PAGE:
The Fifth Estate
And now for a movie about the world’s biggest tattletale. Snitches get stitches Julian, just remember that. It helps, from a realism standpoint, that Julian Assange is just so freaking distinct and creepy looking that casting someone as his likeness, in this case Benedict Cumberbatch, makes the whole thing seem kind of surreal. When I first saw the trailer I had to do a double take on whether that was actually Assange. (Not as close as, say, Tina Fey as Sarah Palin, but close.)

Unfortunately, Cumberbatch-as-Assange appears to be one of the few highlights in this film. The story of the WikiLeaks writer/editor is one of the true historical touchpoints in the internet community’s rising influence over government and corporate institutions. The site blew up a lot of bigwigs’ spots, pumping out hundreds of thousands of pages of whistleblowing info on everything from corrupt banking to military cover-ups. But the flick appears to fall short in the eyes of critics as well as Assange who hated on it in an open letter to Cumberbatch that reads as equal parts virtuous and blow-hardy. (He’s such a blond huh?). Though we aren’t here to discuss the source’s opinions. It’s the critics we care about.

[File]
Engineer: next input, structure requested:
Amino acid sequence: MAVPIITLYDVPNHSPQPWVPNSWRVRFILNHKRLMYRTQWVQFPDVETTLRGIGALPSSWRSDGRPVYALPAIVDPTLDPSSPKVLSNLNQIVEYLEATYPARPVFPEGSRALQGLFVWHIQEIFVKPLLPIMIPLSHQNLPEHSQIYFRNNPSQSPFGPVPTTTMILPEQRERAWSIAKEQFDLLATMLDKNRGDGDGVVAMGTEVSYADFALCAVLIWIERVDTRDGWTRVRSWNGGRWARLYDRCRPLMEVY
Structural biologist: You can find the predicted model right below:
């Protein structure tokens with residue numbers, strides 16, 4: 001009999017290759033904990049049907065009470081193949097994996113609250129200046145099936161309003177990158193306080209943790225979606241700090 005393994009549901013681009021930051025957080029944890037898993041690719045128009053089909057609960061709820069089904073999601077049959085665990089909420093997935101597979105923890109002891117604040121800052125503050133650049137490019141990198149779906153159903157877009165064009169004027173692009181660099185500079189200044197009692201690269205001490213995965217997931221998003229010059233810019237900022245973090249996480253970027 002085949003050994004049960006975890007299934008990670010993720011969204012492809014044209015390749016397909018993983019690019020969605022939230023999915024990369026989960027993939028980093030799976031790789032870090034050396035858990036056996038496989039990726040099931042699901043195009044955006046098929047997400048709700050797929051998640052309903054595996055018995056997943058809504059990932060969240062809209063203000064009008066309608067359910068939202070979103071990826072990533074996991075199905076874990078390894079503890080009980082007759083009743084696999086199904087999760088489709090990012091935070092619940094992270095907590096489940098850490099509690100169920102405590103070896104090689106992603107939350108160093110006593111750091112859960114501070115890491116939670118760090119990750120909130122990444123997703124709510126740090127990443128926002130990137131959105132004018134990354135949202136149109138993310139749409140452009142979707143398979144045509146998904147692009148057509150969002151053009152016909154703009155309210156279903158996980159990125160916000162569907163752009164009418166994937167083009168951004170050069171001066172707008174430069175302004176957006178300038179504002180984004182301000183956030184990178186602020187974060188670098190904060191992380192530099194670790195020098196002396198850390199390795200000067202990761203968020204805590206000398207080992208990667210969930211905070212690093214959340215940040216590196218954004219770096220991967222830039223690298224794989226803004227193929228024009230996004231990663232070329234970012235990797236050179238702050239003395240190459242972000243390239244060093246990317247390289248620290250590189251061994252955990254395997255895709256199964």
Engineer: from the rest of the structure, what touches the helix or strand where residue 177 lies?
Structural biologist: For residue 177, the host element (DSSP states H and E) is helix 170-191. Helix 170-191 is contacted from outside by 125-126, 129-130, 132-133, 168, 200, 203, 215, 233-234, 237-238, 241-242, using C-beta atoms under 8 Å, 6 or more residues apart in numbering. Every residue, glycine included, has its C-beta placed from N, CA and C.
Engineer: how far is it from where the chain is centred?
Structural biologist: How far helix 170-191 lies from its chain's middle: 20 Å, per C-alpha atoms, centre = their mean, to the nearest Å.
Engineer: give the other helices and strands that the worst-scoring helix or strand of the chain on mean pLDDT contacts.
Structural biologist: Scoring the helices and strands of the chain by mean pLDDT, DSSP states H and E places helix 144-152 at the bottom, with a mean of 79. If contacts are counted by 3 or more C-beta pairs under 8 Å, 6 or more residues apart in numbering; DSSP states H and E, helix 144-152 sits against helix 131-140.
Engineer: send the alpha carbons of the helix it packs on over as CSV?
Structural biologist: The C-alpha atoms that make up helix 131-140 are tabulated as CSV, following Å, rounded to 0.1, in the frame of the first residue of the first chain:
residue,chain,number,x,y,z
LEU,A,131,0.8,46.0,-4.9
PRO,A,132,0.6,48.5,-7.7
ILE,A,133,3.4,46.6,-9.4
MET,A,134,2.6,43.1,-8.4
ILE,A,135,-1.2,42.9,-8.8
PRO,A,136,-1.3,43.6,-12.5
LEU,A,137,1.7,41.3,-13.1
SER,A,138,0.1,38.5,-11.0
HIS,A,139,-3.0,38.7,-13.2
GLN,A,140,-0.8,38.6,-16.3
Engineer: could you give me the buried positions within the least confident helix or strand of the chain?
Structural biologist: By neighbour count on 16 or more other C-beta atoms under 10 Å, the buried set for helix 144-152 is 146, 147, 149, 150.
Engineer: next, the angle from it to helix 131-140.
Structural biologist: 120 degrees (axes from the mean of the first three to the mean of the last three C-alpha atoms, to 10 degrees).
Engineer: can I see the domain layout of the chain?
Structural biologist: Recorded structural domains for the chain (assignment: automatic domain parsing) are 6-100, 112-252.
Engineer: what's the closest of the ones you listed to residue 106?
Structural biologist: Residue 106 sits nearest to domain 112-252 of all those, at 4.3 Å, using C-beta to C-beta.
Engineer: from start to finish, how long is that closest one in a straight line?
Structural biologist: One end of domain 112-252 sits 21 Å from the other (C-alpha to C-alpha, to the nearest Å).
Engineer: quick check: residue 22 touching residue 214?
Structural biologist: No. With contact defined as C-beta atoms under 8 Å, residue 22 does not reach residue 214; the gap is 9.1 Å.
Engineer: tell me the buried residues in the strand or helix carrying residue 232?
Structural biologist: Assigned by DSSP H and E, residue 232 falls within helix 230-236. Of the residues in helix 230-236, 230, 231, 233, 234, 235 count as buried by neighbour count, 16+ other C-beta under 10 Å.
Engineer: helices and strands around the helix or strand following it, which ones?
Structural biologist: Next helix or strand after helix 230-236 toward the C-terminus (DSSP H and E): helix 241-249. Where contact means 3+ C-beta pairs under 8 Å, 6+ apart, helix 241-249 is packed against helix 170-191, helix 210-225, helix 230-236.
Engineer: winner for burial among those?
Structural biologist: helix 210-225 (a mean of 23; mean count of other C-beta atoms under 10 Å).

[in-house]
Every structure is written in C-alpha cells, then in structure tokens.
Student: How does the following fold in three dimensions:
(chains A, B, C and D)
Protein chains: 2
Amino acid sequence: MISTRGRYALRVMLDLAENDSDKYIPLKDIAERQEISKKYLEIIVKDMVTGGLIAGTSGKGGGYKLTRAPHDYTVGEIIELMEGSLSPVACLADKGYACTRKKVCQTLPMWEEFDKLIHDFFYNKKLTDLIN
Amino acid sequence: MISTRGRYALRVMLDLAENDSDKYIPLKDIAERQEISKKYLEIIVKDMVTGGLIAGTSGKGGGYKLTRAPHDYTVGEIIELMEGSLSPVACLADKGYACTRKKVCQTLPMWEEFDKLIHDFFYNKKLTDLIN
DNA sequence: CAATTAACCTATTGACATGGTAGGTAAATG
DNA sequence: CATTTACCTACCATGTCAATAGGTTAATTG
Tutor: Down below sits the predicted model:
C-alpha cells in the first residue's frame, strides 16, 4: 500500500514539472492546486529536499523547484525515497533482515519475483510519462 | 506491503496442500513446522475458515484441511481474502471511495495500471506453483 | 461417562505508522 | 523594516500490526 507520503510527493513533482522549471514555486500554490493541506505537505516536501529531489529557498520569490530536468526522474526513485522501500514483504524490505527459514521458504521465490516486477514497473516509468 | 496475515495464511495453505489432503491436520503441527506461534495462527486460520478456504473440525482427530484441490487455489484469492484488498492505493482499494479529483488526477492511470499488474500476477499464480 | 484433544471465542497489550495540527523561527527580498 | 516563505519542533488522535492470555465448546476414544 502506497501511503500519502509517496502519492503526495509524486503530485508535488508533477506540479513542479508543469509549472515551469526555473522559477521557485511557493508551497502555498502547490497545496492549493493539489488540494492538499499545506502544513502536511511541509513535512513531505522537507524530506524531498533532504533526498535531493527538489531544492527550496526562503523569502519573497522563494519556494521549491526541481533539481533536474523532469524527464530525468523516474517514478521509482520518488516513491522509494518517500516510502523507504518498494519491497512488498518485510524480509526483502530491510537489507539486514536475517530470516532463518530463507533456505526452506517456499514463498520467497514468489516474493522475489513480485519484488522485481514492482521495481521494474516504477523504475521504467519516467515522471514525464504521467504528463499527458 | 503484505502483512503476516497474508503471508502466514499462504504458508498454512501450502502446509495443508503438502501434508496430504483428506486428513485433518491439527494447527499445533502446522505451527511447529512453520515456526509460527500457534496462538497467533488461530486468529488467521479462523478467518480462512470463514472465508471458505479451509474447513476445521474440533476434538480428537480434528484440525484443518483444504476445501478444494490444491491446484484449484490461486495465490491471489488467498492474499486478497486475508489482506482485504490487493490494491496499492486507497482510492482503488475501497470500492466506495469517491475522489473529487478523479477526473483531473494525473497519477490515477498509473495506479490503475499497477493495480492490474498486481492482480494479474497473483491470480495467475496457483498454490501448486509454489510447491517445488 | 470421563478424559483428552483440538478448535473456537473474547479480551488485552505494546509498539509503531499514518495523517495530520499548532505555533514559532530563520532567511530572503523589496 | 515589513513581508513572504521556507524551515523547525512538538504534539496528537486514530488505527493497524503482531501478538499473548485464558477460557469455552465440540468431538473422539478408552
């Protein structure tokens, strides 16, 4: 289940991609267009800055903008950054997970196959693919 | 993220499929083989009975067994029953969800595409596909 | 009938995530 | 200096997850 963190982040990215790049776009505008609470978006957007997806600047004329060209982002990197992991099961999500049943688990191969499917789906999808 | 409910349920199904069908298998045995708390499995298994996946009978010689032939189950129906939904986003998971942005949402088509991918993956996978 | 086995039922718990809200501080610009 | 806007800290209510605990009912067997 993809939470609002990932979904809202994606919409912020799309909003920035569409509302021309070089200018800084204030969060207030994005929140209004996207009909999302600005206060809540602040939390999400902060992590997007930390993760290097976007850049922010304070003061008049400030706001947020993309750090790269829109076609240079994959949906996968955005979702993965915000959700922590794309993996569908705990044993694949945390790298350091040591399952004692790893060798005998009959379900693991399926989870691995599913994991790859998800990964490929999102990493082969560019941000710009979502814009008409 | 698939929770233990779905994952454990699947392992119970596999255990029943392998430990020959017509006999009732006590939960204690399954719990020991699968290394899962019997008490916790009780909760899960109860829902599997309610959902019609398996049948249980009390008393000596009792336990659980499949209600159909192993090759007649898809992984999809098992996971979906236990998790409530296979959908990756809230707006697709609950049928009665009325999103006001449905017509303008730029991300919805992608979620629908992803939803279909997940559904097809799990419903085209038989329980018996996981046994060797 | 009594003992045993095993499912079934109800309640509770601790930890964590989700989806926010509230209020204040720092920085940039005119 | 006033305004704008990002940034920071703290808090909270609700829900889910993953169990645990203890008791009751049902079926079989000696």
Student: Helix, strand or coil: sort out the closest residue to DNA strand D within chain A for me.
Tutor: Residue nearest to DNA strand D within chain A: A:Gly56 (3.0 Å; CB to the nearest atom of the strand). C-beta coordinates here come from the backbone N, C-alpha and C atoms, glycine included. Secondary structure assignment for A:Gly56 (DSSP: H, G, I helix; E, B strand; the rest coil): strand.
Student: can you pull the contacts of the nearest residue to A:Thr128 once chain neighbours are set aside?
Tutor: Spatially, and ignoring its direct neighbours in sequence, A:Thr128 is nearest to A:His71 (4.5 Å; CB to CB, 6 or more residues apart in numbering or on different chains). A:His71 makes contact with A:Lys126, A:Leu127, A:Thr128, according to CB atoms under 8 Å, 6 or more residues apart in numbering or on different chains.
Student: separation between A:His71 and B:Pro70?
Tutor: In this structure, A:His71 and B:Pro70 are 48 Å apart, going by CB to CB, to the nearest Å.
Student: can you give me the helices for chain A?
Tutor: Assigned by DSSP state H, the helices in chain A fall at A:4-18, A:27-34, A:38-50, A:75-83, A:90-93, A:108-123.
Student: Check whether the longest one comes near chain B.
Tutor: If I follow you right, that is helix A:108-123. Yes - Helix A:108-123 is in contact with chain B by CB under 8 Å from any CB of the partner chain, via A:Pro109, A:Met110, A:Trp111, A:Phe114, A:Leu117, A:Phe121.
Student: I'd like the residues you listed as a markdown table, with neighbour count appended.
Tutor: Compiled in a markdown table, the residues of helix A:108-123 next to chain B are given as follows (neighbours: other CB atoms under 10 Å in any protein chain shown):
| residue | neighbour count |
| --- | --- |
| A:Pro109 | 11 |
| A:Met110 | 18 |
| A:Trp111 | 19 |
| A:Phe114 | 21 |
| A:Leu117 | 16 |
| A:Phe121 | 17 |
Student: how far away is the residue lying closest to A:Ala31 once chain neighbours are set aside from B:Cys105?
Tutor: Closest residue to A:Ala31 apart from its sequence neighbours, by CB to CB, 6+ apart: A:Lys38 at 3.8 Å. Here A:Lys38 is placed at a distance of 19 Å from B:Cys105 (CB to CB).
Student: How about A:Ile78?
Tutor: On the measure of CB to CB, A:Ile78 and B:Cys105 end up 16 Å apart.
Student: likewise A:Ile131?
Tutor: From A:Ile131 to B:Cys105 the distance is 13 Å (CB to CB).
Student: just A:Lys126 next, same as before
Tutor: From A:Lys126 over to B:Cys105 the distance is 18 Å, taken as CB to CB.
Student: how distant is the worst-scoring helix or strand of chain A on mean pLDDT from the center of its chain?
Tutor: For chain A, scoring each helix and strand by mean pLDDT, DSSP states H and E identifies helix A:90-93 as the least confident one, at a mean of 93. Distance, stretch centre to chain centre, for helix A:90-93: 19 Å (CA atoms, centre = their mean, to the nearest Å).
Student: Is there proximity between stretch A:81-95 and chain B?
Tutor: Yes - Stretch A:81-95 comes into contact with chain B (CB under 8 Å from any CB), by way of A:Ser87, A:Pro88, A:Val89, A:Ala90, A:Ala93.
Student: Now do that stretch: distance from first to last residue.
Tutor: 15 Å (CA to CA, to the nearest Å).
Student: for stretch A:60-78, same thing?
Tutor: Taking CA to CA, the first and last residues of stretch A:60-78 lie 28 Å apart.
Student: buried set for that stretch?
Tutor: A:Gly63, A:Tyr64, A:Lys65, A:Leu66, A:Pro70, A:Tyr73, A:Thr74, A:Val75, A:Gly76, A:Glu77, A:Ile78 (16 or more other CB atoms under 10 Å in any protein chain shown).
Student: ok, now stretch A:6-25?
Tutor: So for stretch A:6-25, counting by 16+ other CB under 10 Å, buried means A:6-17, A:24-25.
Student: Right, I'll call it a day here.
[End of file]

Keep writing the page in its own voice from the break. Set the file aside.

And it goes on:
Director Bill Condon’s previous work is all over the map with his early work highly praised (Dreamgirls-78%, Kinsey-90% and Chicago-87%) and his two most recent films Twilight Breaking Dawn Saga Parts 1 and 2 (24% and 48% respectively) being what you’d pretty much expect from that franchise. His latest follows more of the latter’s tone. Full of itself. Visual without much bite (that’s a vampire reference in case you missed it). Interesting without being particularly dramatic. Even the positive reviews have an air of “Cumberbatch is decent, the rest is a snoozer.” Hey that’s what you get for being a tattletale. The Rotten Watch for The Fifth Estate is 40%
Escape Plan